How to Lead Based On Who People Are – Not On Who You Are

How to Lead Based On Who People Are – Not On Who You Are

As a leader, one of your primary tasks is to manage people under your supervision. Whether you’re the CEO of a large company, a COO, or a manager in a marketing agency, you need to be able to lead your team effectively. However, many leaders often find themselves in a quandary when it comes to managing people from different backgrounds, cultures, and personalities. That’s why it’s crucial to lead based on who people are, not on who you are.
 
Every person is unique, and leaders should respect these differences and tailor their leadership style to suit the individual. In this blog post, we will discuss how you can lead based on who people are, so you can improve your leadership skills, enhance your team’s engagement and productivity, and ultimately achieve your organization’s goals.
 
Understand your team’s personality types
 
Before you can lead your team effectively, you need to understand their personality types. Each person has a distinct personality type that significantly influences their working style, communication patterns, and how they respond to stress. Understanding their personality types can help you predict how they’ll react in certain situations, which can help you adjust your style accordingly.
 
One popular personality assessment tool is the Myers-Briggs Type Indicator (MBTI). The MBTI helps identify 16 different personality types based on four dichotomies – Extraversion (E) vs. Introversion (I), Sensing (S) vs. Intuition (N), Thinking (T) vs. Feeling (F), and Judging (J) vs. Perceiving (P). By understanding your team’s personality types, you can lead them more effectively by tailoring your communication style, delegating tasks, and providing feedback that aligns with their preferences.
 
Adapt your communication style
 
Effective communication is crucial for any successful leader. However, to lead based on who people are, you need to adapt your communication style to suit each person. For instance, introverted team members may prefer written communication or one-on-one conversations, while extroverted team members may enjoy team meetings or brainstorming sessions.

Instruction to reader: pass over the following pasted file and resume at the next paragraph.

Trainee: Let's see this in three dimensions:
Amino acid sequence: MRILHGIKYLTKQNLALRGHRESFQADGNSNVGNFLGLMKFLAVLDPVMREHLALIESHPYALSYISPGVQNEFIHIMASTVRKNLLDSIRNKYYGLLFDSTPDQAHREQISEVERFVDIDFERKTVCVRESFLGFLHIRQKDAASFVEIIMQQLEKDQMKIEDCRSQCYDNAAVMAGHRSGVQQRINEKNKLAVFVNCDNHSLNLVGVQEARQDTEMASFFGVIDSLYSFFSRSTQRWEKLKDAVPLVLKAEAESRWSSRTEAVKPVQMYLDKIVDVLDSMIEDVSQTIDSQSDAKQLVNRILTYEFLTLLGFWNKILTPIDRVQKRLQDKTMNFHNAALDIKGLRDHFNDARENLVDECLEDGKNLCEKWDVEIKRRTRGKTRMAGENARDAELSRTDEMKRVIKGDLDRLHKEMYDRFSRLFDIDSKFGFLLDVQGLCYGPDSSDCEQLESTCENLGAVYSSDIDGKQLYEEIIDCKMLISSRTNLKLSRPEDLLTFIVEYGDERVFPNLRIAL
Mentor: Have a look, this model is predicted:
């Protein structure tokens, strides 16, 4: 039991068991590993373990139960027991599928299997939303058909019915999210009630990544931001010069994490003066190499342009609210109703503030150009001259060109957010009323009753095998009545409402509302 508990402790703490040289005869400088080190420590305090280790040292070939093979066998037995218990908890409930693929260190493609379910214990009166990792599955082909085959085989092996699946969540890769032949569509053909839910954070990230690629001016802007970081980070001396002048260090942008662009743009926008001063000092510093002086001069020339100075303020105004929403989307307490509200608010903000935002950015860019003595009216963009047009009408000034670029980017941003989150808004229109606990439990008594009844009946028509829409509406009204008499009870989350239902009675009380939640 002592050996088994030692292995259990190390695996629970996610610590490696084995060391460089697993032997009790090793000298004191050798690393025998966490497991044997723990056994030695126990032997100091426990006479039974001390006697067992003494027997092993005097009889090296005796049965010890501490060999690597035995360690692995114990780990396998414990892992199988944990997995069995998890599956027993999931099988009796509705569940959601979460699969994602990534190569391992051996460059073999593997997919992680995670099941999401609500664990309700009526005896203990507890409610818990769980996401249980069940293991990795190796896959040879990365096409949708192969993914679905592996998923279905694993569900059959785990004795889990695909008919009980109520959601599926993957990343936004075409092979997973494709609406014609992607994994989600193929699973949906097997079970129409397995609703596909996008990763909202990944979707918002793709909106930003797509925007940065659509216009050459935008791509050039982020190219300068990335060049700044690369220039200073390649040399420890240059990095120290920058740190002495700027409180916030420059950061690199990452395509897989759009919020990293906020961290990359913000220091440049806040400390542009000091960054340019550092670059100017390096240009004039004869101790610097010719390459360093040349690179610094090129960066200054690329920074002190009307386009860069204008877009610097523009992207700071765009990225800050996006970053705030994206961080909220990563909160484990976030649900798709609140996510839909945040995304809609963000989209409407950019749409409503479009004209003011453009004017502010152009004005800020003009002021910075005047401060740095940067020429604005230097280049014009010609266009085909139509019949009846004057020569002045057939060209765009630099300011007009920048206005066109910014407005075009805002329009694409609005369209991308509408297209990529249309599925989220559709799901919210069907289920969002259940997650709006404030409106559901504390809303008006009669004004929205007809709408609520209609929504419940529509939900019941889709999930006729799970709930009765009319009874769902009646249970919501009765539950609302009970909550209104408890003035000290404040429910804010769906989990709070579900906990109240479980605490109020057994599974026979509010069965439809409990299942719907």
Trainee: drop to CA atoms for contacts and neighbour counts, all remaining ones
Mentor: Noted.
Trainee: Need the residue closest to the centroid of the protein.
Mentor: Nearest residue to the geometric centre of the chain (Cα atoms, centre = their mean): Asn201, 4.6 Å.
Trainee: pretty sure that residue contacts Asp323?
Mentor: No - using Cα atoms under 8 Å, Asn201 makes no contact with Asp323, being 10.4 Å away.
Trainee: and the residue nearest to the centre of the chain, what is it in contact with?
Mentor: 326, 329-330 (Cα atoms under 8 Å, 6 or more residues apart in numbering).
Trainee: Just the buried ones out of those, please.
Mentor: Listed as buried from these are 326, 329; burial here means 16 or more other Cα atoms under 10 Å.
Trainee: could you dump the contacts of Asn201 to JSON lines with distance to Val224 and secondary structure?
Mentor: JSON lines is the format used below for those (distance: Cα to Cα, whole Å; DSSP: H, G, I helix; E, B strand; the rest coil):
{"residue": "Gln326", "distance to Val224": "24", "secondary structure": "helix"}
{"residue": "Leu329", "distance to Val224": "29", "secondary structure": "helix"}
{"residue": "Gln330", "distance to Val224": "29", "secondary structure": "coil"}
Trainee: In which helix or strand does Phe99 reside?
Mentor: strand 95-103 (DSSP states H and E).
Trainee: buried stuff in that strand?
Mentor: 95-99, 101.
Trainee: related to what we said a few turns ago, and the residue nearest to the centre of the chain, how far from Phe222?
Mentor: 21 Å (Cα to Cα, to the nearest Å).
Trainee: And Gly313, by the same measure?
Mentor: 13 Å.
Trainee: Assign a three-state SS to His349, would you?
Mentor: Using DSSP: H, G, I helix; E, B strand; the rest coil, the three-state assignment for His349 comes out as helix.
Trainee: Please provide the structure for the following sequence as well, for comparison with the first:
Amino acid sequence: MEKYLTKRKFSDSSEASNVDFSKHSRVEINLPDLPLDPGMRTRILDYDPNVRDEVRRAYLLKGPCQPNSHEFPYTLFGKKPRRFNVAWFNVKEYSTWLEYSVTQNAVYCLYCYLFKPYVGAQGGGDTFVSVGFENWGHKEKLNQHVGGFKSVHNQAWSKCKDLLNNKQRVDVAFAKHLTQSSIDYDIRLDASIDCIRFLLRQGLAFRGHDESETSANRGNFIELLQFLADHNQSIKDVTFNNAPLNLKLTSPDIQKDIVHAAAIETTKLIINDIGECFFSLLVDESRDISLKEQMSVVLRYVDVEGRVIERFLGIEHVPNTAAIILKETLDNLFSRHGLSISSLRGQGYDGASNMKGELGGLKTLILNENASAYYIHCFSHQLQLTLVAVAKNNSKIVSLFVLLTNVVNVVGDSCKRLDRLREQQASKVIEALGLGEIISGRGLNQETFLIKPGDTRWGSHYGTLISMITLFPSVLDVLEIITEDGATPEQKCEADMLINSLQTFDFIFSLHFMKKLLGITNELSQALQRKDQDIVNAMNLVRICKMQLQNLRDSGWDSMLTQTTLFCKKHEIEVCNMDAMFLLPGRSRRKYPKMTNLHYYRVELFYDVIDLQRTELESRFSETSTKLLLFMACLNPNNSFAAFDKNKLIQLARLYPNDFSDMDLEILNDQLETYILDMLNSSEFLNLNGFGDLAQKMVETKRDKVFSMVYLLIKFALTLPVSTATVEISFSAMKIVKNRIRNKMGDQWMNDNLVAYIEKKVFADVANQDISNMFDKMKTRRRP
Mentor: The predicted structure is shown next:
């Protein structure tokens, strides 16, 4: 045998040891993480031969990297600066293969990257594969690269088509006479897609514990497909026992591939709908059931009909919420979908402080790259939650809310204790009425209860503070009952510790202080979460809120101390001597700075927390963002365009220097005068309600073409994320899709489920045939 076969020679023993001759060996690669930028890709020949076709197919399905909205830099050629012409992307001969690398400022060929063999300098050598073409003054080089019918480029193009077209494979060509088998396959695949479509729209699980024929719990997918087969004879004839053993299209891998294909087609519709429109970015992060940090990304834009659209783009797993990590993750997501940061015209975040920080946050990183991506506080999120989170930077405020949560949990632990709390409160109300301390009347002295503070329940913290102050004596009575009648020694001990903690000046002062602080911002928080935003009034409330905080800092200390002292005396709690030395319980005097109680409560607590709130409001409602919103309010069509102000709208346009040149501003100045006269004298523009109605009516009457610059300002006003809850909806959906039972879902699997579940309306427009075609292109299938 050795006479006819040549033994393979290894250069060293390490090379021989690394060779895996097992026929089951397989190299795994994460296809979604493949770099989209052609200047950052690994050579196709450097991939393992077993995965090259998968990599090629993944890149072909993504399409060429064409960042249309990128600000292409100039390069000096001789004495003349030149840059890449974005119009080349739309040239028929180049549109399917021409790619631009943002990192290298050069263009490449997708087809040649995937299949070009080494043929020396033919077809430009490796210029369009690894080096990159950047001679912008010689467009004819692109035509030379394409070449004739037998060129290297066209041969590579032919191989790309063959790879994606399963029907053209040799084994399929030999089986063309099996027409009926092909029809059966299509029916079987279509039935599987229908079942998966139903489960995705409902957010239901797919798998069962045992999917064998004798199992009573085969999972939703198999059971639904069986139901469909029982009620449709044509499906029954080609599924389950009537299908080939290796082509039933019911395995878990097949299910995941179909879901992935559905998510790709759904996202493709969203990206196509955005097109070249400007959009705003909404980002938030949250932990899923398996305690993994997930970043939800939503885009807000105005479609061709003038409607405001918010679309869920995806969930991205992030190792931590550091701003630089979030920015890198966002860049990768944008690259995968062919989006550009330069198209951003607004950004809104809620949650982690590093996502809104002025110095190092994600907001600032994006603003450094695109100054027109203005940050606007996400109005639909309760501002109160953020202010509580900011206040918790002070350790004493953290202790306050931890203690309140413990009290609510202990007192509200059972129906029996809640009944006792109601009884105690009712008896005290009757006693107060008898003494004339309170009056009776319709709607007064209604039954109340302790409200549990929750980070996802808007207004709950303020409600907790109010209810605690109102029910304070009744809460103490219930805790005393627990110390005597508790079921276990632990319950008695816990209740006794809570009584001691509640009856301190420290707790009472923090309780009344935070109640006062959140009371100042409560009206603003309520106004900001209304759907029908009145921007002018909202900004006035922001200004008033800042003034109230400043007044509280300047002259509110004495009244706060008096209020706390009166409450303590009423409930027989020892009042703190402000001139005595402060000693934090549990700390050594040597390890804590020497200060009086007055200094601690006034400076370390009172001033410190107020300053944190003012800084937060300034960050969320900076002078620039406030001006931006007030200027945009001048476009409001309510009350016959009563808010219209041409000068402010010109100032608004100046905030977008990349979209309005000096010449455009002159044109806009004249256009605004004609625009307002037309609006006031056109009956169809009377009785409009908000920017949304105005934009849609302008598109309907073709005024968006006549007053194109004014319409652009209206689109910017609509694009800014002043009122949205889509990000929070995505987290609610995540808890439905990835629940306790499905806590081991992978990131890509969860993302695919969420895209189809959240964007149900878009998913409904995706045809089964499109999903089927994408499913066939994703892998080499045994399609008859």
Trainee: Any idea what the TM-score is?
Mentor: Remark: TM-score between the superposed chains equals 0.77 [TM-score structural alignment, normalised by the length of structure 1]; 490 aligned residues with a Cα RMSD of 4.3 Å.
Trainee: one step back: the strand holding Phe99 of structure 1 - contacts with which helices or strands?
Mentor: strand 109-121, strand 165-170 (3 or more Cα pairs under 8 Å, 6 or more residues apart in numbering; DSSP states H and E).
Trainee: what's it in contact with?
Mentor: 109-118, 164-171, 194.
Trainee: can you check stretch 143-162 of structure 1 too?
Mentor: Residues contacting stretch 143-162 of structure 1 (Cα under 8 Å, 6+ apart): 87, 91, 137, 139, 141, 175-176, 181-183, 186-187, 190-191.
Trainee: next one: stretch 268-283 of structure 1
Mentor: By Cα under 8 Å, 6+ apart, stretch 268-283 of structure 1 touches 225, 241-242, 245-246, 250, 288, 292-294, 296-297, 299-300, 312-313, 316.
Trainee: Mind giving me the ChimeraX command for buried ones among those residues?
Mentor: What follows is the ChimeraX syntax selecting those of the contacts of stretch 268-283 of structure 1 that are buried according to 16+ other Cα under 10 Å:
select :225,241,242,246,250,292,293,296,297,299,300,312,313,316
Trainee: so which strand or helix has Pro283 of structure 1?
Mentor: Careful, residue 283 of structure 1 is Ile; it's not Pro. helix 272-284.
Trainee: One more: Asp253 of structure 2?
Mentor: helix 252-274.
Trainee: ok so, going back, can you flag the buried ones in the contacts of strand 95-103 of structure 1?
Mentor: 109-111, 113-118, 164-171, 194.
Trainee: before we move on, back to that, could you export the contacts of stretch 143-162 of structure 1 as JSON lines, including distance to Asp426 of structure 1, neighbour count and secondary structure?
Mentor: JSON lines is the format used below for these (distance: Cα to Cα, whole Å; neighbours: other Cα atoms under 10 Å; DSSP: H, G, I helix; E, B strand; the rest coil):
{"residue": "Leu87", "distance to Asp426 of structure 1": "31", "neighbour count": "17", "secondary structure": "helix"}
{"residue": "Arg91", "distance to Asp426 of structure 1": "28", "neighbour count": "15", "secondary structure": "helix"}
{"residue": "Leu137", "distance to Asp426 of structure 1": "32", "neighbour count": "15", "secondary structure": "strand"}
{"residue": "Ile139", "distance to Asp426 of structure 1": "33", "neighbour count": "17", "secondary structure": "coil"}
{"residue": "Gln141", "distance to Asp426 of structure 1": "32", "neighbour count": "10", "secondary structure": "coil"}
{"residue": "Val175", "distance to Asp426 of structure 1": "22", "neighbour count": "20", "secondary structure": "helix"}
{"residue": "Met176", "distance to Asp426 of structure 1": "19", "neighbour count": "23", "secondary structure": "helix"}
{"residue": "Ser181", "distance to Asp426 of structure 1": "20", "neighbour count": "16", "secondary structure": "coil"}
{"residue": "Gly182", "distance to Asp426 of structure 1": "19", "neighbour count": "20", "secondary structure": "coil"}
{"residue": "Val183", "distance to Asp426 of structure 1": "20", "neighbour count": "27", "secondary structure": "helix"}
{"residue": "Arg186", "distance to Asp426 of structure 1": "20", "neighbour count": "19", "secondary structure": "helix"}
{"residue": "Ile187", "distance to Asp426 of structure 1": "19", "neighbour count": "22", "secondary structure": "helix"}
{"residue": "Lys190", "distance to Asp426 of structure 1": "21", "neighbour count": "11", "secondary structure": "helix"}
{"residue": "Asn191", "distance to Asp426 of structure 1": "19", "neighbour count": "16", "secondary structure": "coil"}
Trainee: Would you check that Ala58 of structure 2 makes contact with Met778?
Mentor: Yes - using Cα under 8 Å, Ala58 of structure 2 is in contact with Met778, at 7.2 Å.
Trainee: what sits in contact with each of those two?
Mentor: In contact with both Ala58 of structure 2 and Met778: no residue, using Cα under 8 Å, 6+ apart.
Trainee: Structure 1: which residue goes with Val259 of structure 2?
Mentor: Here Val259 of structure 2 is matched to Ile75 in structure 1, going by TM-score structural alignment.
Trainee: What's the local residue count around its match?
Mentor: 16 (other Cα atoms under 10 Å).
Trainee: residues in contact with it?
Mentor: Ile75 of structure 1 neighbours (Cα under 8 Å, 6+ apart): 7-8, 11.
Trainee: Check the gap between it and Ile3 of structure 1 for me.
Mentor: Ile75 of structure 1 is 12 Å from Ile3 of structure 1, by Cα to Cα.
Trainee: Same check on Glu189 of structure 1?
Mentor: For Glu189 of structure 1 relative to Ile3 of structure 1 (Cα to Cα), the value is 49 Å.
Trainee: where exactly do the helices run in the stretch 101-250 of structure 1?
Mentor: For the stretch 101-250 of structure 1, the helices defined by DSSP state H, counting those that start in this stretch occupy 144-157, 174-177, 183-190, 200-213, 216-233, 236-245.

Similarly, some team members may prefer direct and straightforward feedback, while others may need a more sensitive approach to avoid feeling discouraged. Paying attention to your team’s communication patterns and preferences can help you build stronger relationships and foster a positive work environment.
 
Provide the necessary support and resources
 
As a leader, you need to provide your team with the necessary support and resources to excel in their roles. Every team member has their strengths and weaknesses, and understanding these can help you provide the required support and resources.
 
For instance, if you have a team member who struggles with public speaking, you can offer them resources such as public speaking courses or coaching sessions to help them overcome their weakness. Similarly, if a team member excels at a particular task, you can provide them with additional resources and support to enhance their skills further.
 
Give your team autonomy
 
Providing your team with autonomy helps build trust, enhances their job satisfaction, and boosts productivity. When employees are given autonomy, they feel trusted and respected, which motivates them to take ownership of their work and perform to the best of their abilities.
 
However, while giving your team autonomy, you need to be vigilant to ensure that they are still aligned with the organization’s goals. Establish clear expectations and benchmarks, check in with them regularly, and offer feedback and support when necessary.
 
Leading through empathy
 
Finally, one of the essential qualities of a great leader is empathy. To lead based on who people are, you need to understand and appreciate your team’s struggles, aspirations, and feelings. By putting yourself in their shoes, you can build deeper connections, foster trust, and create a better work environment.
 
In conclusion, as a leader, your primary goal should be to lead based on who people are, not on who you are. By understanding your team’s personality types, adapting your communication style, providing the necessary support, offering autonomy, and leading through empathy, you can improve your leadership skills, enhance your team’s engagement, and ultimately achieve your organization’s goals. Take the time and effort to get to know your team members, be open-minded, and strive to become a leader that people trust, respect, and admire.

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